Time and again NMFS has ignored our pleas to expand the artificial reef and structure programs. We have even offered ideas about creating twin complexes one that is fished and one to remain un-fished to measure the difference over time. NMFS’s position and one often touted by Dr. Roy Crabtree is that there is no evidence that these artificial habitats have any appreciable effect on the fishery.
As proof to the contrary I ask you to look at the two pictures below:
[Insert Pictures Here]
What you are looking at is a massive fish kill of American red snapper following a dynamiting operation to remove an oil well from the Gulf of Mexico. See story in link: http://blog.al.com/live/2009/06/snapper_slaughter_explosioncau.html
When I first saw these pictures I was applaud most at the waste of a red snapper fishery that we have been told time and again is near collapse. The fish kill represented here is from a single rig, there are some 1891 rigs throughout the Gulf of Mexico and untold thousands more other structures that also hold red snapper. We are talking literally millions upon millions of red snapper. The sad part of what is represented in the photographs above is twofold.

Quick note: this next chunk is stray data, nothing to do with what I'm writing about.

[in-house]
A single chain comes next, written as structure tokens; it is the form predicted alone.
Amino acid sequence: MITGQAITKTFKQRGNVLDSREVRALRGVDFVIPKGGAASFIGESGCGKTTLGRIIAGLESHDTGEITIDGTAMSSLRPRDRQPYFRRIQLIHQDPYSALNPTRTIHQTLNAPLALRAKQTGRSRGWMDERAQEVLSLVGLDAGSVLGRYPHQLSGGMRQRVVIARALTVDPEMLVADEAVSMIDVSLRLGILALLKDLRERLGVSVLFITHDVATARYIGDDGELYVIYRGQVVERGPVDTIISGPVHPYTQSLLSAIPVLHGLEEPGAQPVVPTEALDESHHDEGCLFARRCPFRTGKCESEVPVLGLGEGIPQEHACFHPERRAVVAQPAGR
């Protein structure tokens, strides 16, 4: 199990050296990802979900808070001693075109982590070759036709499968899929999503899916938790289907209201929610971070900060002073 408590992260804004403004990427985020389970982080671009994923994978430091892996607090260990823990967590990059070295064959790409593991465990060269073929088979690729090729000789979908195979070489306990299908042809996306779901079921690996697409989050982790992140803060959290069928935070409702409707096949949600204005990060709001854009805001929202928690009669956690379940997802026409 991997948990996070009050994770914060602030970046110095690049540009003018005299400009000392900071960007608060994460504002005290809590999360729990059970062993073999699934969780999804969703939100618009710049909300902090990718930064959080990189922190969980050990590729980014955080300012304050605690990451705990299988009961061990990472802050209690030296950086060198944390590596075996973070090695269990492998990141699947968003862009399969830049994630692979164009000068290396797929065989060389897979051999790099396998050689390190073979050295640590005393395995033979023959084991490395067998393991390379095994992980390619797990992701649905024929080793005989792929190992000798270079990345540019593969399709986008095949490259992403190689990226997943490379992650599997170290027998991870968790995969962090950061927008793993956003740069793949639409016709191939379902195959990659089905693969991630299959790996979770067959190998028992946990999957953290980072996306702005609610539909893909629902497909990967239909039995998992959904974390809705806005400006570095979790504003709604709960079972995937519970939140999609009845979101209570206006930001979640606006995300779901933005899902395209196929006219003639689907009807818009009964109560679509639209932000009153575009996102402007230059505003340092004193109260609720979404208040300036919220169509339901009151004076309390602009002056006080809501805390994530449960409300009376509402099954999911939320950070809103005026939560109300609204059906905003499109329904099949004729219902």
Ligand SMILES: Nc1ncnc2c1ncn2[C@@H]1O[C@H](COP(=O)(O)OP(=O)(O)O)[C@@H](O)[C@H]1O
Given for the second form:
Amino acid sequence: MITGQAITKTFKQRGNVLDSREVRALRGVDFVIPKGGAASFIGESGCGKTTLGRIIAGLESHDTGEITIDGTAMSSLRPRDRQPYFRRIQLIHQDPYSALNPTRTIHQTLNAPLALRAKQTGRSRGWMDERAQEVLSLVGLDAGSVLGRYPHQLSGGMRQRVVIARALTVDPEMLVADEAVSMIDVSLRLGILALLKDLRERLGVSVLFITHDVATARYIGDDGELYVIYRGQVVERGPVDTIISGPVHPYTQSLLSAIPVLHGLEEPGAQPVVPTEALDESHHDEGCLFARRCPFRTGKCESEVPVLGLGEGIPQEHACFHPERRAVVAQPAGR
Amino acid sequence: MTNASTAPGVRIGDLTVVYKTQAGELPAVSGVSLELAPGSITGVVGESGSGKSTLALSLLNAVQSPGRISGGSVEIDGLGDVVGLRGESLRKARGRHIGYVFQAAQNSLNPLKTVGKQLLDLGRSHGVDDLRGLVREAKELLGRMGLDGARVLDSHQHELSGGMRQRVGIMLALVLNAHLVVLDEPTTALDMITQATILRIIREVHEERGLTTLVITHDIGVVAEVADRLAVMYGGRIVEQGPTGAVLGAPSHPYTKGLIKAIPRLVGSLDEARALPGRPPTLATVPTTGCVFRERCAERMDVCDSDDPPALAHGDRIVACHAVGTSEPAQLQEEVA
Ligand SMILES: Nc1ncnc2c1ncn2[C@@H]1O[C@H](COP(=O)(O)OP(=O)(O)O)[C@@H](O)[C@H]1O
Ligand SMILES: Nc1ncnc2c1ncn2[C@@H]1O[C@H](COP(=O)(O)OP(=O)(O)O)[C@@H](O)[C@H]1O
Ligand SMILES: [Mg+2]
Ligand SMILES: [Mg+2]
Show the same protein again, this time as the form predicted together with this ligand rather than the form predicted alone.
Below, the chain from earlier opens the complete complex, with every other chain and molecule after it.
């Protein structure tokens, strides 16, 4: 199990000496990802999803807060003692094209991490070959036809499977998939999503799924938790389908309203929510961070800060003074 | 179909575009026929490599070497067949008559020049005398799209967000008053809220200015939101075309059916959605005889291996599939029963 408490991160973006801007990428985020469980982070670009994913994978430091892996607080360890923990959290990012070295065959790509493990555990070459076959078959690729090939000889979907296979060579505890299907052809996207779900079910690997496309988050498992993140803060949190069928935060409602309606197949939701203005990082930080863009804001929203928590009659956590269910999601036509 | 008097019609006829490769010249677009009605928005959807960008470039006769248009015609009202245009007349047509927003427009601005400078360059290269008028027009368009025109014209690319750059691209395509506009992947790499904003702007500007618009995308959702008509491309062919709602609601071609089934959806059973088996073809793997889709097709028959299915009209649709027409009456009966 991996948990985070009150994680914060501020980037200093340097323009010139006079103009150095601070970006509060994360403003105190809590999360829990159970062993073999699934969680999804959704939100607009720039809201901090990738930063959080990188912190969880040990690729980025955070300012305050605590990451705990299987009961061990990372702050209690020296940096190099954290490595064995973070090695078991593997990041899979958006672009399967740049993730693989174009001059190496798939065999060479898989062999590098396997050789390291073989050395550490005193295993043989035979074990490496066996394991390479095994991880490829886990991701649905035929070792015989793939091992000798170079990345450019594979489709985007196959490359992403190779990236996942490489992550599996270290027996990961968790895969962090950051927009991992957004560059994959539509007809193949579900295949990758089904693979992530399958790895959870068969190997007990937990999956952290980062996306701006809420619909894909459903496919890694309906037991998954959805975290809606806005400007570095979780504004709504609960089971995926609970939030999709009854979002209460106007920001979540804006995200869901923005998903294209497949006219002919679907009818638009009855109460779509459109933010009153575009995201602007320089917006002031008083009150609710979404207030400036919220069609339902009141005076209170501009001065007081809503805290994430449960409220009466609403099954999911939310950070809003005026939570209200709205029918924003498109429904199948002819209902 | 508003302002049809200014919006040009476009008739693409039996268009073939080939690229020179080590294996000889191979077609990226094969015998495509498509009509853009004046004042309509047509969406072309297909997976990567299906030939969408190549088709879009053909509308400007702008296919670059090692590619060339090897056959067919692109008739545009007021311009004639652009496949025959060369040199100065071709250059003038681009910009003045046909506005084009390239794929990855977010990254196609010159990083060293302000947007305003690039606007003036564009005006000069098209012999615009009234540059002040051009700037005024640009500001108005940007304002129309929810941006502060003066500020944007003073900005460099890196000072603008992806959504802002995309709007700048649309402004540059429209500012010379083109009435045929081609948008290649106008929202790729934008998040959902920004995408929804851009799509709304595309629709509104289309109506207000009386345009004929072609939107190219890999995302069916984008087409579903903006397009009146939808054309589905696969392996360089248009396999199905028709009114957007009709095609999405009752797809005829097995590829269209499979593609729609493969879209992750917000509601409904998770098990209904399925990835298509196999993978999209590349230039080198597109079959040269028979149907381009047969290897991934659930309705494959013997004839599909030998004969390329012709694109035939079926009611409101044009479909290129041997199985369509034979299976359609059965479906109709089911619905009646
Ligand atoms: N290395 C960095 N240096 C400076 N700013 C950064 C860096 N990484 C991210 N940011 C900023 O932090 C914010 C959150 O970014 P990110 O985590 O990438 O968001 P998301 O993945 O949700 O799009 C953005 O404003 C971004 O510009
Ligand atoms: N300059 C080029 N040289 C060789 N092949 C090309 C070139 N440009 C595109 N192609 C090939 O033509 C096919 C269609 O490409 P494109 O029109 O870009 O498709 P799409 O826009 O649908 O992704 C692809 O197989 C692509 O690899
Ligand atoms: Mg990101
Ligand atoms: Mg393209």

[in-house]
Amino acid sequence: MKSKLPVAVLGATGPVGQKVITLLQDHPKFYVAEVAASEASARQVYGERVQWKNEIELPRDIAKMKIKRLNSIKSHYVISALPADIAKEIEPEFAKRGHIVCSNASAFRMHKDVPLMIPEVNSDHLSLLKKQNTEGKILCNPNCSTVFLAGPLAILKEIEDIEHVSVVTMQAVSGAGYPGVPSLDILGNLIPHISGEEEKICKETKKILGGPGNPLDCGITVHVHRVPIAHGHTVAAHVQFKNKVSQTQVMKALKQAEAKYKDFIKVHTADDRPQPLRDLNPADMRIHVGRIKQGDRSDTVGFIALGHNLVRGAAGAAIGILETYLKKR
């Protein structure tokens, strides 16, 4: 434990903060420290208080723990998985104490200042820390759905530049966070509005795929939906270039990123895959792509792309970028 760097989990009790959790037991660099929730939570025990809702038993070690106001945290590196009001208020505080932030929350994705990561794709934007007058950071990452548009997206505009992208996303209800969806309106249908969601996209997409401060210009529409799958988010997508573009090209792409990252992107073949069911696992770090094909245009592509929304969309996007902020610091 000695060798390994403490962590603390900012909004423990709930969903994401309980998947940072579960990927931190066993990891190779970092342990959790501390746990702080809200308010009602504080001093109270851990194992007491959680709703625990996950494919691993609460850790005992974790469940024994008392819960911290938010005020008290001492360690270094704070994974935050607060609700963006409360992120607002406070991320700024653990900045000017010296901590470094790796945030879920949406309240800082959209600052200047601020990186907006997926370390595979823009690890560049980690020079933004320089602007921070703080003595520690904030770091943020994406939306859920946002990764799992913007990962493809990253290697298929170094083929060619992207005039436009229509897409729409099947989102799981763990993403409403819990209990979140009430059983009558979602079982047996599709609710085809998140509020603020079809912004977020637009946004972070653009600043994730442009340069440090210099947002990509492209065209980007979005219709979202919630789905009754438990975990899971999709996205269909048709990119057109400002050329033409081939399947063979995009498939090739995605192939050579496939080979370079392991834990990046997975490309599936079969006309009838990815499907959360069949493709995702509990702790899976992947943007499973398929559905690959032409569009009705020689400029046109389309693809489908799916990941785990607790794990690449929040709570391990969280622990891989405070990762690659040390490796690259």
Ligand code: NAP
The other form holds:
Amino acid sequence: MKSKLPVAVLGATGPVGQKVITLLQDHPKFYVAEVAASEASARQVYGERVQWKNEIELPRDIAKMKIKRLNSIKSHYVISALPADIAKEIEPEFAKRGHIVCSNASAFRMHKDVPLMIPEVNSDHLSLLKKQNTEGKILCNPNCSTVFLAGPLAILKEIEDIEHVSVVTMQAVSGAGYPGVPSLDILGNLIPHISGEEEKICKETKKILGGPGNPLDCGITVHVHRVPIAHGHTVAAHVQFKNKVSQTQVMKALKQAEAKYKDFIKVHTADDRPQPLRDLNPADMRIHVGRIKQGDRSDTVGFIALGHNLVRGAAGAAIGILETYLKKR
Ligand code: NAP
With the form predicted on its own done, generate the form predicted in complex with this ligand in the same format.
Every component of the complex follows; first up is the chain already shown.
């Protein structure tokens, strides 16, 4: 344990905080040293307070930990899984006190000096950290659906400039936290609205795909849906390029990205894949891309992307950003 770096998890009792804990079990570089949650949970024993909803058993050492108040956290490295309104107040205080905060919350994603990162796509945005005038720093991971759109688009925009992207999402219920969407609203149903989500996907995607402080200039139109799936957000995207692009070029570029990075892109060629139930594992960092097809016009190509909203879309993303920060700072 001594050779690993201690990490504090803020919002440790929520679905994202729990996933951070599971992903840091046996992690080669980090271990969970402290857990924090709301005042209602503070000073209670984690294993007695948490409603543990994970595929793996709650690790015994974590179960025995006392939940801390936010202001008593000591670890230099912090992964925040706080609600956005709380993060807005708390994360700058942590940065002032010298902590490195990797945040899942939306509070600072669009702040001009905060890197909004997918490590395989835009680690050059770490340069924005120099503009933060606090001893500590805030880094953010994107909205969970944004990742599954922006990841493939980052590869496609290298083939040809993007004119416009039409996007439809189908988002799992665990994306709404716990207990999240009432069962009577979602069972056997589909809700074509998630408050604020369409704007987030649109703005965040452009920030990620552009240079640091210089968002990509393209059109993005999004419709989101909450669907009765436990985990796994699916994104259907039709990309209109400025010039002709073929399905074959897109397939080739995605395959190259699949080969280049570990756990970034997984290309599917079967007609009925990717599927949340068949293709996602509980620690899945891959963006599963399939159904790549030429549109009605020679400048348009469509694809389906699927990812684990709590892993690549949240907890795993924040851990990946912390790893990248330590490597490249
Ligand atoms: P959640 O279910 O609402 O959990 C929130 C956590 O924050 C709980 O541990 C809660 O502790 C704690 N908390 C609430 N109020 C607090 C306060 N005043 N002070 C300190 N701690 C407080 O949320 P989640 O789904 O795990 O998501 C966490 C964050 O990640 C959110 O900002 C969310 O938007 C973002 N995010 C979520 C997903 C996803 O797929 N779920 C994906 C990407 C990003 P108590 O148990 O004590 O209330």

The first part is that a company received permission and permits to use dynamite in an area that resulted in this massive fish kill, wasting this valuable resource. Consider this; a recreational fishing outing consisting of 4 anglers each hoping to catch their bag limit of red snapper. They purchase fuel, bait, gear, food and drink for the trip for an average of approximately $600 for a day on the water. These pictures represent a loss of opportunity and economy of $600 for every 8 fish you can count; not to mention the future year class of fish that will be impacted by this sudden and massive fish kill. I ask you [Senator/Congressman] can we afford to allow a company to destroy such a valuable fishery in one big bang. Please move to ban the use of dynamite in areas of special habitat in the Gulf of Mexico, where sensitive species live.